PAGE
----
Today this newspaper publishes a letter from David McVittie, the chief executive of Hillingdon Hospital Trust and its consultant oncologist, Dr Catherine Lemon. They accuse my sister and me of writing "misleading and sensationalist" half-truths about the care offered to her as a terminally ill cancer patient.
Let's be clear; the meeting held at the hospital between various executives and the doctors involved with my sister, was called at my behest, after she appeared to be slipping into unconsciousness in the totally unsuitable environment of a noisy mixed ward. Only then was she offered a place in a hospice, an option she was previously unaware of.
My sister had been writing her diaries (published in The Independent last Thursday and subsequently in two other newspapers) because it seemed to her that there was a fundamental breakdown in communication between the team "caring" for patients like her in the community and those based at the hospital. She was also appalled at having to endure the basic facilities and horrible indignities of a mixed ward, one of the main reasons she opted to end her life at home in the first place.
Since her diaries appeared, people have called, e-mailed, written and stopped me in the street to say that they hate mixed wards and consider them degrading; many people have had relatives or friends endure similar experiences.
GMTV was swamped the other morning with e-mails and calls from viewers agreeing that mixed wards are despicable. Letters from other former patients of Hillingdon hospital agree with much of what Pat wrote. Mr McVittie did not attend the meeting when Pat was dying, but it is true that the hospital apologised for her distress, and, as he so tactlessly puts it, "a few issues were raised' which he assures us he will be addressing. Not much use to Pat during her last 12 hours of life.
Pat had no complaints about the care offered by the cancer specialists at Hillingdon, or the wonderful skills of the people in the A & E department. What she couldn't understand was why nurses slept on empty beds during the night shifts, why no one had heard of her in the anti-coagulation unit, why carer after carer turned up and no one told her what they were meant to do. Why district nurses took blood samples, but left them for her hard-pressed husband to drive to the hospital. Why an emergency doctor's service for the terminally ill took more than two hours to respond on more than one occasion. Why she was only allowed one pillow on Grange Ward and why she left hospital in a delivery van with no one checking her medication, no diet leaflets and no information about the side effects of warfarin.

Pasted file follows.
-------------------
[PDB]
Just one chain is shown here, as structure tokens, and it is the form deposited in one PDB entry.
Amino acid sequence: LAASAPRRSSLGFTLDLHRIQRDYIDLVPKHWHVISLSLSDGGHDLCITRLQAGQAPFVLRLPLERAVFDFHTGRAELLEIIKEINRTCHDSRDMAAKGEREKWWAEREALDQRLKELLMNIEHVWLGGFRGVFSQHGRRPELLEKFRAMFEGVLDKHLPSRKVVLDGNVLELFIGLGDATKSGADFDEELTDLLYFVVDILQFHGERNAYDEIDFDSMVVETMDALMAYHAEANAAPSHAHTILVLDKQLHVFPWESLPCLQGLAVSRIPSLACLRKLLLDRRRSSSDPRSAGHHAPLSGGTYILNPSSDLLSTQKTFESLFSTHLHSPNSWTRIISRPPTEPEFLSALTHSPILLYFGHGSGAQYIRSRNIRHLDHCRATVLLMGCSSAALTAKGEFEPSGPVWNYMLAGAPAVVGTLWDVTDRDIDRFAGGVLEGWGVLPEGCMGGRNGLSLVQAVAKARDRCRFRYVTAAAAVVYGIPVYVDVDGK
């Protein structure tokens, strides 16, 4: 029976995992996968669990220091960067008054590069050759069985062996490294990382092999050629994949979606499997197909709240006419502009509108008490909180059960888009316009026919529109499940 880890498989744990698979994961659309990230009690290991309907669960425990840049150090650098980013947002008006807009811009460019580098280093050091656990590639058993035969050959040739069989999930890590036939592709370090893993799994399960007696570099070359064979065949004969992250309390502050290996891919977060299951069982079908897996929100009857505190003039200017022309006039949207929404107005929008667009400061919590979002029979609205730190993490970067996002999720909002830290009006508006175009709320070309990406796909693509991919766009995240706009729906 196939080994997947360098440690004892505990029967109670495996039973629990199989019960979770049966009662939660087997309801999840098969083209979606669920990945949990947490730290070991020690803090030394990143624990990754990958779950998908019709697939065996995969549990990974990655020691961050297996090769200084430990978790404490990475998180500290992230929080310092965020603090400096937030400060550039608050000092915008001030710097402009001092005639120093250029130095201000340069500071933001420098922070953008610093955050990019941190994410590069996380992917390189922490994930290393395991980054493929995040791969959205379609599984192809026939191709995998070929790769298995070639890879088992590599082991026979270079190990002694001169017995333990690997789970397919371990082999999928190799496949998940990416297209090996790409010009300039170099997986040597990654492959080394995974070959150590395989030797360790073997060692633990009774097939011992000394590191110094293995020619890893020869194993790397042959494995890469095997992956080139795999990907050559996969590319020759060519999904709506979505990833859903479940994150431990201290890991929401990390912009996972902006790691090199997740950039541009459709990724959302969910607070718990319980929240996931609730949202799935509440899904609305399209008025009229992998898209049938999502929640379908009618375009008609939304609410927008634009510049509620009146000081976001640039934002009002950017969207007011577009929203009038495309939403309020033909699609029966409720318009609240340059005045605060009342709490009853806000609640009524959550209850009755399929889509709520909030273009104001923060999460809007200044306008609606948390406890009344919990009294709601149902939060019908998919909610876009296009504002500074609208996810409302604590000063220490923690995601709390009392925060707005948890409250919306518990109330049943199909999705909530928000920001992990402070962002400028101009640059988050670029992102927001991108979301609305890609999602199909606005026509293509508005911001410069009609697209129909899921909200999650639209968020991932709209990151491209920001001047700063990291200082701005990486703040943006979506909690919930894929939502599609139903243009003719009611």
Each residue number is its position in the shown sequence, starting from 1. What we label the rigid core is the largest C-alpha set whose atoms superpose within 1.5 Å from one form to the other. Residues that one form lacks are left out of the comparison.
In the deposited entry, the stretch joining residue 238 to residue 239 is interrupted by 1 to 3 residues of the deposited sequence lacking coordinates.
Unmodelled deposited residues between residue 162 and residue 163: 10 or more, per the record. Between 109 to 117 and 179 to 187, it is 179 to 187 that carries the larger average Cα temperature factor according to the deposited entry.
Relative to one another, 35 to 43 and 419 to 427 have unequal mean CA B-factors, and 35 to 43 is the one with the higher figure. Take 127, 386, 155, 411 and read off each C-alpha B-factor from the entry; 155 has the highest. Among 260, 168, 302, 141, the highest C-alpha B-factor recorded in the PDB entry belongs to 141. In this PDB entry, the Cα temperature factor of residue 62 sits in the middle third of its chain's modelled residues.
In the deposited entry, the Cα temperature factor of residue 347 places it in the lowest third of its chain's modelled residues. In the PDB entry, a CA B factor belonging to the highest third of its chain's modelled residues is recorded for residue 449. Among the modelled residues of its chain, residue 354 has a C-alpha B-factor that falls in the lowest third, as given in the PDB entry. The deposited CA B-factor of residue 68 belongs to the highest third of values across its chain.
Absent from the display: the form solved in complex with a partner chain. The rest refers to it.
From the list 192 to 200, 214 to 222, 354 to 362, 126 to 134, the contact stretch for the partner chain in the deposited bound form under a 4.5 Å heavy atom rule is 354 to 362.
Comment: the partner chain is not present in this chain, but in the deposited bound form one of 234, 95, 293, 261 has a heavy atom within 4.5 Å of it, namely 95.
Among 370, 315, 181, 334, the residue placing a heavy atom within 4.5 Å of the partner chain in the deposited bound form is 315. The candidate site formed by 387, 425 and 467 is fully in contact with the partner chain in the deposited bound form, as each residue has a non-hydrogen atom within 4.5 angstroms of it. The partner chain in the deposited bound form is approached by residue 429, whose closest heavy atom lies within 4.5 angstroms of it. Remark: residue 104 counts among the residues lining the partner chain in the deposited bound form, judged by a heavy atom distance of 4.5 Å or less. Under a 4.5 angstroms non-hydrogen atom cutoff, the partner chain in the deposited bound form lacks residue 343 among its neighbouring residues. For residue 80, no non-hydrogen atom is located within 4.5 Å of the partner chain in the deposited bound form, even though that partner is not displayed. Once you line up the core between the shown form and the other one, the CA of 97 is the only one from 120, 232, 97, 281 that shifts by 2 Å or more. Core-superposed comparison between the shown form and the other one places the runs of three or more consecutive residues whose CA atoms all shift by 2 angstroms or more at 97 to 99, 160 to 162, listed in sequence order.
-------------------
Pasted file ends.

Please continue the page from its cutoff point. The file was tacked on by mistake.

The trust told the media (via a statement) they were going to hold an inquiry, and publicly apologised to Pat's family. The first contact my brother-in-law received from the hospital was a phone call, a day after she had died, asking him if they could collect the bed and other equipment. Not surprisingly, he was distraught. He received a letter from the hospital apologising for what had happened and giving him details of their inquiry yesterday, almost a week after her death.
Denigrating the observations of someone who cannot answer back is not only tasteless, but misses the point. All Pat wanted was for other terminally ill patients in Hillingdon to have a better death than she did. She was full of praise for the nursing staff, but enraged by the bureaucracy and disorganisation she had to deal with each day.
Mr McVittie seems to harbour suspicions that somehow Pat and I had a hidden agenda in writing what we did. No! Our agenda was hardly a secret - to make sure that the National Health delivers what it promises and that the pen-pushers who write letters like his realise that it's time to start putting patients first before anything else.
Dreaming of a Brown Christmas
Round One to Gordon Brown in the Battle of the Christmas Cards. The Treasury's card features a bunch of ethnically-diverse youngsters reading around a tree while one little girl looks glumly at the ministerial briefcase, obviously left by their host. The message seems to be that Gordon values the young. Meanwhile, the omens are not good for the PM's card. Tony Armstrong-Jones revealed he snapped Tony and Cherie recently and thought the picture was to be released at Christmas. The Royal photographer was struck by how our PM has aged since 1997. Perhaps Tony and Cherie should have donned wigs and period costume. I'm sure posing as Nelson would drop a lot of hints about being regarded as a national hero.
* Gordon Ramsay's Kitchen Nightmares has just won an Emmy, and this week's episode contained so many brilliant moments, I lost count. Gordon tried to tell Ray, the owner-chef of a failing Lancashire pub, to stop serving over-elaborate food, stay out of the kitchen and throw out the funny plates. First a skip in the car park was filled up with redundant friers, stock pots, and kitchen detritus. Then Ray launched a new menu by parading around Kirkby Stephen with a megaphone proclaiming the Fenwick Arms the place for real gravy. The place was full, for the first time in months. Gordon departed happy. A month later, he returned to discover Ray back in the kitchen and a weird prawn cocktail served with mash on a scallop shell - one of Ray's "signature" dishes - back on the menu. It's TV like this that the British now lead the world in - like Wife Swap, these reality shows are sophisticated entertainment, packaging meaty stories. In the end this was a battle of machismo - and Ray may have wielded the spatula, but he lost the battle.Reuse content